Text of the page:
- You may need to refrain from supplements or medications such as blood thinners or anti-inflammatories for a week or two prior to surgery.
- You should refrain from alcohol or tobacco at least a few days prior to surgery.
- You should not consume solids or liquids at least 8 hours prior to surgery.
- A written consent will be obtained from you after the surgical procedure has been explained in detail.
Procedure for Open Shoulder Stabilization Surgery
The open shoulder stabilization procedure is performed under general anesthesia with you in a semi-reclined or beach-chair position and involves the following steps:
- An incision of 10 cm is made at the front of the shoulder joint.
- Retractors are used to separate the muscles of the joint and expose the coracoid process (a small hook-like process of the shoulder bone) and its attached tendons.
- The coracoid process is freed of its attachments, and along with the conjoined tendon, is transected from its base.
- Holes are drilled into the transected coracoid process.
- The subscapularis muscle, which passes in front of the shoulder joint, is split in line with its fibers.
- The capsule of the shoulder joint is entered and the glenoid is exposed and prepared to receive the coracoid.
- The transected coracoid with the conjoined tendon is passed through the separated subscapularis muscle and fixed to the glenoid rim with screws through the previously drilled holes. This increases the glenoid surface and stabilizes the joint. The conjoined tendon and subscapularis muscle provide additional stability by acting as a sling.
- This procedure treats chronic shoulder instability and decreases the possibility of future dislocations.
- Upon completion, the instruments are withdrawn, the incision is closed and covered with a sterile bandage.
Postoperative Care and Recovery after Open Shoulder Stabilization Surgery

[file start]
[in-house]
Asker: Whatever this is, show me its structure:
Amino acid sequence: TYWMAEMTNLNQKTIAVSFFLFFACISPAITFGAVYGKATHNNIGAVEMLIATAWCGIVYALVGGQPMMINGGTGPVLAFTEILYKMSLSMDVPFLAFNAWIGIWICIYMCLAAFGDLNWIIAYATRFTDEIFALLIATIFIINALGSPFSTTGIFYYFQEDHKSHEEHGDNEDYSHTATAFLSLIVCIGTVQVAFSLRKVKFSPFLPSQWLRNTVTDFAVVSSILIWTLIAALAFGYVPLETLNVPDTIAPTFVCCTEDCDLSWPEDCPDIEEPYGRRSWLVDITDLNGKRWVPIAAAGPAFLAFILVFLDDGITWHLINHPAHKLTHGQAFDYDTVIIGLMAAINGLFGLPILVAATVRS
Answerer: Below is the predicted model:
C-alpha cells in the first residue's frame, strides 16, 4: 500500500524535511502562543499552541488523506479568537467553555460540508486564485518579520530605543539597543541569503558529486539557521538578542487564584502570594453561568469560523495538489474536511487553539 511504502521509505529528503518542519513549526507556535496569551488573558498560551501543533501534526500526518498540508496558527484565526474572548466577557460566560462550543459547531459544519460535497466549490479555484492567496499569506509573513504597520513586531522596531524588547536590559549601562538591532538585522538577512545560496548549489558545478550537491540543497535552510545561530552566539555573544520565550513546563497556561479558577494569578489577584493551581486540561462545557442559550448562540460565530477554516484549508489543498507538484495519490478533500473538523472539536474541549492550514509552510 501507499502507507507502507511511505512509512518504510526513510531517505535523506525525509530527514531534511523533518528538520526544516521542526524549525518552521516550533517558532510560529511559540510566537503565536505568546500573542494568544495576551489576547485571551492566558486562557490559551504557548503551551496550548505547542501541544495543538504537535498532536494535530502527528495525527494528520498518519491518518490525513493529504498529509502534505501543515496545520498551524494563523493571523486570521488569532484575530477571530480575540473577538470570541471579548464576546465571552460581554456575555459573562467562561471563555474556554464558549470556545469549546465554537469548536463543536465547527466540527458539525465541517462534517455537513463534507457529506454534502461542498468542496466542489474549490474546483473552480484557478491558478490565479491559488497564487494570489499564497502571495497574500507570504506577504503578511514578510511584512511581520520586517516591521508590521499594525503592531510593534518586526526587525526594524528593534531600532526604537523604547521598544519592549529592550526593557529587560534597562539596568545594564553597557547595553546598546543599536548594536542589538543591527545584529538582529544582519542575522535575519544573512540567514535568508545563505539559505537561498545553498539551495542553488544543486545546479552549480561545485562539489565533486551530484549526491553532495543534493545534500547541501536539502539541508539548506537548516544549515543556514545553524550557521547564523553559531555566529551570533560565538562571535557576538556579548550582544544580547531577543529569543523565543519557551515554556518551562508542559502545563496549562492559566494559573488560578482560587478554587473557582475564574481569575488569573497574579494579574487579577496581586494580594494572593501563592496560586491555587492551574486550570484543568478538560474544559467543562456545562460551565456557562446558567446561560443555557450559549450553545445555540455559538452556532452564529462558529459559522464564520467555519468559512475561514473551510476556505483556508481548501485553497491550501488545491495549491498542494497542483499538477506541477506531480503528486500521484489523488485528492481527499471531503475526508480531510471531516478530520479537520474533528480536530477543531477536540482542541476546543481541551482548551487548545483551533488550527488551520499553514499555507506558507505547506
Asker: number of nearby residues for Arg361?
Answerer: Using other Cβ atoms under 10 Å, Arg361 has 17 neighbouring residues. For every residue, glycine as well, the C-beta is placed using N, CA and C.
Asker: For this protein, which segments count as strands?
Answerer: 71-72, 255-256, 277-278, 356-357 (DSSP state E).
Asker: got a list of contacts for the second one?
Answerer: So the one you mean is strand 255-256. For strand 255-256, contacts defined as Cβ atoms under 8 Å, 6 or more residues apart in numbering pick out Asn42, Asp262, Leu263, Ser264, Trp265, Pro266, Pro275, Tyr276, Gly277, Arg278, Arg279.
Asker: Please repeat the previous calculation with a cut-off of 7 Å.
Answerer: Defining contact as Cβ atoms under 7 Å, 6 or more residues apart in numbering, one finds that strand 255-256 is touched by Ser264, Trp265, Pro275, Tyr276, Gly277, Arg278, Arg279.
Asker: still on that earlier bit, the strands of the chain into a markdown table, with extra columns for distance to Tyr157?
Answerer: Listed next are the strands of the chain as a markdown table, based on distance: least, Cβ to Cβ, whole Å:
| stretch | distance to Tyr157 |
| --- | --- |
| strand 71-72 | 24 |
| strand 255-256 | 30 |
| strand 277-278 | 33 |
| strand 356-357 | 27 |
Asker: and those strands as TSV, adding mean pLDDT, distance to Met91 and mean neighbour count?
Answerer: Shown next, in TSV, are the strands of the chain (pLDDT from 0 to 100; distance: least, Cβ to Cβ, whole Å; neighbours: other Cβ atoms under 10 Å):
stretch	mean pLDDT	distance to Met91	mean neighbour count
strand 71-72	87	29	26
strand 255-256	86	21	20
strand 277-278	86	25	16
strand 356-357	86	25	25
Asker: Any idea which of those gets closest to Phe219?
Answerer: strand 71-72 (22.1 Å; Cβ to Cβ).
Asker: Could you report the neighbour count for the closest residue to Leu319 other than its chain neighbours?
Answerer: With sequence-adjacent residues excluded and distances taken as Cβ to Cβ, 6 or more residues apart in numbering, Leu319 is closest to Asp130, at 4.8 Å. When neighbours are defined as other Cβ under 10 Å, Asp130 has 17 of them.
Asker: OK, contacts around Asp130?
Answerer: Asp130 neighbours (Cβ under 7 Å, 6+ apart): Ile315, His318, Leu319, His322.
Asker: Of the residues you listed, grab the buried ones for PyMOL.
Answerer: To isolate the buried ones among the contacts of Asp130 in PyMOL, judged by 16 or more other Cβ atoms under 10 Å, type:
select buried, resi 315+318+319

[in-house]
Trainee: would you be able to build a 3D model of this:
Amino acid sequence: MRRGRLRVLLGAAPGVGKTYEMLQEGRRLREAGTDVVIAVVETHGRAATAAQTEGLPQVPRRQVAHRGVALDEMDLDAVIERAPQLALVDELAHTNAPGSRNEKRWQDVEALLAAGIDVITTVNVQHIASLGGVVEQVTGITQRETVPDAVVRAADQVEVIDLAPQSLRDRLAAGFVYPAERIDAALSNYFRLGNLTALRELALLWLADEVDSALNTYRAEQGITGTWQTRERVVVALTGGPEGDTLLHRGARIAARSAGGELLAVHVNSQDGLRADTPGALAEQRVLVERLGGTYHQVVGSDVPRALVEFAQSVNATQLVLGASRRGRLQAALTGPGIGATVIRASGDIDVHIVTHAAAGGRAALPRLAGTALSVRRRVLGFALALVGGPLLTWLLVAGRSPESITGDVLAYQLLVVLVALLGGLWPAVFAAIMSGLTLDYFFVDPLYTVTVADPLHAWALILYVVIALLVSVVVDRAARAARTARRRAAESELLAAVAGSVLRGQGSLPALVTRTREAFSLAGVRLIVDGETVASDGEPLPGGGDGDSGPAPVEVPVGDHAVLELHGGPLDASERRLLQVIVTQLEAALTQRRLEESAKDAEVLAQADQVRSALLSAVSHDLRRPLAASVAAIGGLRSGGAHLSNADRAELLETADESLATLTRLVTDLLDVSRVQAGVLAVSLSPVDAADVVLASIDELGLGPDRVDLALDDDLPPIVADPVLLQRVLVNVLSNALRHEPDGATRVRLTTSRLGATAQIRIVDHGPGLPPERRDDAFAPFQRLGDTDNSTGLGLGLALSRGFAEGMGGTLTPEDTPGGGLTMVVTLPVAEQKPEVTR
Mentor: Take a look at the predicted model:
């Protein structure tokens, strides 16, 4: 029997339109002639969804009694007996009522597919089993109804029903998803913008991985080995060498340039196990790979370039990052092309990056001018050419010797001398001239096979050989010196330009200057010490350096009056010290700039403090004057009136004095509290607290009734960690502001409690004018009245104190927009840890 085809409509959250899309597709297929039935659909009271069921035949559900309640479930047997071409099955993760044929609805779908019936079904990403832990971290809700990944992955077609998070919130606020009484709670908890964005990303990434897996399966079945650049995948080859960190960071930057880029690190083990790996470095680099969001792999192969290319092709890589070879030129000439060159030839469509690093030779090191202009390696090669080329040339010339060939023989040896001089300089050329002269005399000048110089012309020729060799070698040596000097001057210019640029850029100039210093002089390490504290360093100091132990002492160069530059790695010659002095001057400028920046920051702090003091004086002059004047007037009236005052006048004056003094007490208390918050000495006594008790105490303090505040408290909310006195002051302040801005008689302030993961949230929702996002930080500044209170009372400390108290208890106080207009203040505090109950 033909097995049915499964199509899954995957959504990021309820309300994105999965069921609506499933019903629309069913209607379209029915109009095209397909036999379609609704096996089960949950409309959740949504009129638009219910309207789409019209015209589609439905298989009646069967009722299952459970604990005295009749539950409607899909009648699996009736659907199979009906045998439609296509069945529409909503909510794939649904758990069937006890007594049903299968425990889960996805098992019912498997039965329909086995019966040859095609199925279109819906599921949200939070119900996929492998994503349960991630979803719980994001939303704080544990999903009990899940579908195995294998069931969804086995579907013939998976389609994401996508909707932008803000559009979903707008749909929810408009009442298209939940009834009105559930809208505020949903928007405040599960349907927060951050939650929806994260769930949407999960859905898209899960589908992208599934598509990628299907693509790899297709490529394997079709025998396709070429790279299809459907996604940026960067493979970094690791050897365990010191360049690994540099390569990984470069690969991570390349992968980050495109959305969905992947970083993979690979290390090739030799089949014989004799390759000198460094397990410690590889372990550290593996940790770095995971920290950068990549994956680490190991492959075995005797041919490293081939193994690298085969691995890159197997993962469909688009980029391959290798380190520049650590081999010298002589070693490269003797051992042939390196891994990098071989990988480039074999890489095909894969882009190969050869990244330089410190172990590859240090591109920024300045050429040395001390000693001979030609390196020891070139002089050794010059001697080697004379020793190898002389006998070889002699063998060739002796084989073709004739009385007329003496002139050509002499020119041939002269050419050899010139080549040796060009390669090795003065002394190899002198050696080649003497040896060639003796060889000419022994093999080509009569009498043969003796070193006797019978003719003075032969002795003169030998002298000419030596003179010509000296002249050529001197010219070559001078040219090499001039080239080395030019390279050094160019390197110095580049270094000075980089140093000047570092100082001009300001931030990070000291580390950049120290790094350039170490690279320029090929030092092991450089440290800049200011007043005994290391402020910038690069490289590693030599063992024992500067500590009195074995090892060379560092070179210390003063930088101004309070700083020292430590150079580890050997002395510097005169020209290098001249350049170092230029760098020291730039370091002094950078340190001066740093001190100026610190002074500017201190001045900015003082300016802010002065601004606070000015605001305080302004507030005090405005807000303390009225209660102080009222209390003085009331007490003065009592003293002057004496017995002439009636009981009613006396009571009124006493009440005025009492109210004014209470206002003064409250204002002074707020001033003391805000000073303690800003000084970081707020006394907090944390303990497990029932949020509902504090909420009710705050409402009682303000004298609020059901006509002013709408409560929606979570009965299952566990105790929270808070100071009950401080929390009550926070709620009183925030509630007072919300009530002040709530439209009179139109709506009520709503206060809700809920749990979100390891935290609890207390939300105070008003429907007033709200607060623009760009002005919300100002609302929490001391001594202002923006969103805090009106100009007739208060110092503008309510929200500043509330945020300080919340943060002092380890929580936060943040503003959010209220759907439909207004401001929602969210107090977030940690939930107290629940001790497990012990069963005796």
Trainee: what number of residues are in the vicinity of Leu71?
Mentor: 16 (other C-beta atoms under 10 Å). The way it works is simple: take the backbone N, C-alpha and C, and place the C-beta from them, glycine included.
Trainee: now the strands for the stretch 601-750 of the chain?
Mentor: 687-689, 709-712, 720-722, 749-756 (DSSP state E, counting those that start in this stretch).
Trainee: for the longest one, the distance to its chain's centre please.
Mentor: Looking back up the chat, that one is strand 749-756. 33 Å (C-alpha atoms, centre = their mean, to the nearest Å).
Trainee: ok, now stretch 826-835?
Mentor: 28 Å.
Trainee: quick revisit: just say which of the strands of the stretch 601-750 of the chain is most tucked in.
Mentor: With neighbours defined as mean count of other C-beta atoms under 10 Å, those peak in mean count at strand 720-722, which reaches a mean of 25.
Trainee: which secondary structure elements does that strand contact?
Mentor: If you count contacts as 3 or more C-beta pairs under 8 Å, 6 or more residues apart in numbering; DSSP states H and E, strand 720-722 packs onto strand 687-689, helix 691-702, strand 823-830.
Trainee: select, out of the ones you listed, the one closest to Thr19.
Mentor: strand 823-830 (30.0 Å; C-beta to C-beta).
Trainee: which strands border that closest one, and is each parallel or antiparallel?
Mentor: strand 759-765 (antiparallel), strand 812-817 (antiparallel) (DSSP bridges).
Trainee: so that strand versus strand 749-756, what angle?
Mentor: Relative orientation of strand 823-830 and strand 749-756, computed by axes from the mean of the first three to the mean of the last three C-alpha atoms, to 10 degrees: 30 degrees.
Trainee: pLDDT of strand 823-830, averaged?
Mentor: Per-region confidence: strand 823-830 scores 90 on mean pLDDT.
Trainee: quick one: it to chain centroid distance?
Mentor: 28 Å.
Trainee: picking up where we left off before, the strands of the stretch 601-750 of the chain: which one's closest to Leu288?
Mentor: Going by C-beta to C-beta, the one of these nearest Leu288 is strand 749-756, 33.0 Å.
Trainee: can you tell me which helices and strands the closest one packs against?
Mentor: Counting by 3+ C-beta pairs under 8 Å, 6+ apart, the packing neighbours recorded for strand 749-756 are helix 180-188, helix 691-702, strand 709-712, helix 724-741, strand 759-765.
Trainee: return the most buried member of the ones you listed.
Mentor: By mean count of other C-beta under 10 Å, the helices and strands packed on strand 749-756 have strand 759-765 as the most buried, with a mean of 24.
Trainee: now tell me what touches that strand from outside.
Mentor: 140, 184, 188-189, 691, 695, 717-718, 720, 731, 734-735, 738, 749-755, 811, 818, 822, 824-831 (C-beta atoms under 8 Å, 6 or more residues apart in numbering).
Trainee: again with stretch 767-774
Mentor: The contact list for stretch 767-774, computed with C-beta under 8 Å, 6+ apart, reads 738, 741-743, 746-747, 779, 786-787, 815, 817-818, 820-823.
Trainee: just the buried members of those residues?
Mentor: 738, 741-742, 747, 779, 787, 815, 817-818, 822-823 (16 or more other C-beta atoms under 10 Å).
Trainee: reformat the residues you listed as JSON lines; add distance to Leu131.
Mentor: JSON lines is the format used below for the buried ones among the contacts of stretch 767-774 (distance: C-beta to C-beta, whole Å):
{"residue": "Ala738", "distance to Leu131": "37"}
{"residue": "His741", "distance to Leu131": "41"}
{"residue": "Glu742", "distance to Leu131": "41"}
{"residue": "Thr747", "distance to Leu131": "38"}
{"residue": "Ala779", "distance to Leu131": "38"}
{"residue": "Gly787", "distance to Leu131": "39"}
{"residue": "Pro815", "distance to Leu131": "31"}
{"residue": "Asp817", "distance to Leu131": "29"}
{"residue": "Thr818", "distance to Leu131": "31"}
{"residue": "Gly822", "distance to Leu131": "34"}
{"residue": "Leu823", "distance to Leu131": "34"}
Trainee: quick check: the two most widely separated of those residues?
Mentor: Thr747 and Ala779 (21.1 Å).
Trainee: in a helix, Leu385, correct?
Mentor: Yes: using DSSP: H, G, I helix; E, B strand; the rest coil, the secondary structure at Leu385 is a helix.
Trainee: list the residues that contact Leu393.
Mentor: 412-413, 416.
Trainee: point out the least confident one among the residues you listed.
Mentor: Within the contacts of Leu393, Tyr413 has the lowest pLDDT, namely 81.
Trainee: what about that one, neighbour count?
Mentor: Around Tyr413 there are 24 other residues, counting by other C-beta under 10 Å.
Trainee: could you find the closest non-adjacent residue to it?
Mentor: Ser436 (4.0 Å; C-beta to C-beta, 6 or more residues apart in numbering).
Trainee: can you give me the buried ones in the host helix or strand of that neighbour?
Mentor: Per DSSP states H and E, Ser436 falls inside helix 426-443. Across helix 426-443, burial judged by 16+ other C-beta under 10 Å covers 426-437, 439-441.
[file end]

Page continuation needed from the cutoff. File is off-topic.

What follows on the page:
Following the surgery, your arm is placed in a sling to rest the shoulder and promote healing. You may need to remain in the hospital for 2 to 3 days before discharge to home. Pain is controlled with medication and ice packs. You will be instructed to keep the surgical wound dry and wear your sling while sleeping for a few weeks after the procedure. The sling may be removed in 3 to 6 weeks. Rehabilitation usually begins early on the first postoperative day with finger movements and passive assisted range of motion exercises. A physical therapy program is recommended for 3 months after which you can return to your regular activities. Refrain from driving until you are fully fit and receive your doctor’s consent. A periodic follow-up appointment will be scheduled to monitor your progress.
Risks and Complications of Open Shoulder Stabilization Surgery
Open shoulder stabilization surgery is a relatively safe procedure; however, as with any surgery, some risks and complications may occur, such as the following:
- Postoperative pain
- Damage to surrounding structures
- Stiffness or restricted motion
- Thromboembolism or blood clots
- Anesthetic/allergic reactions
- Fracture or failure of union of the coracoid
- Recurrence of instability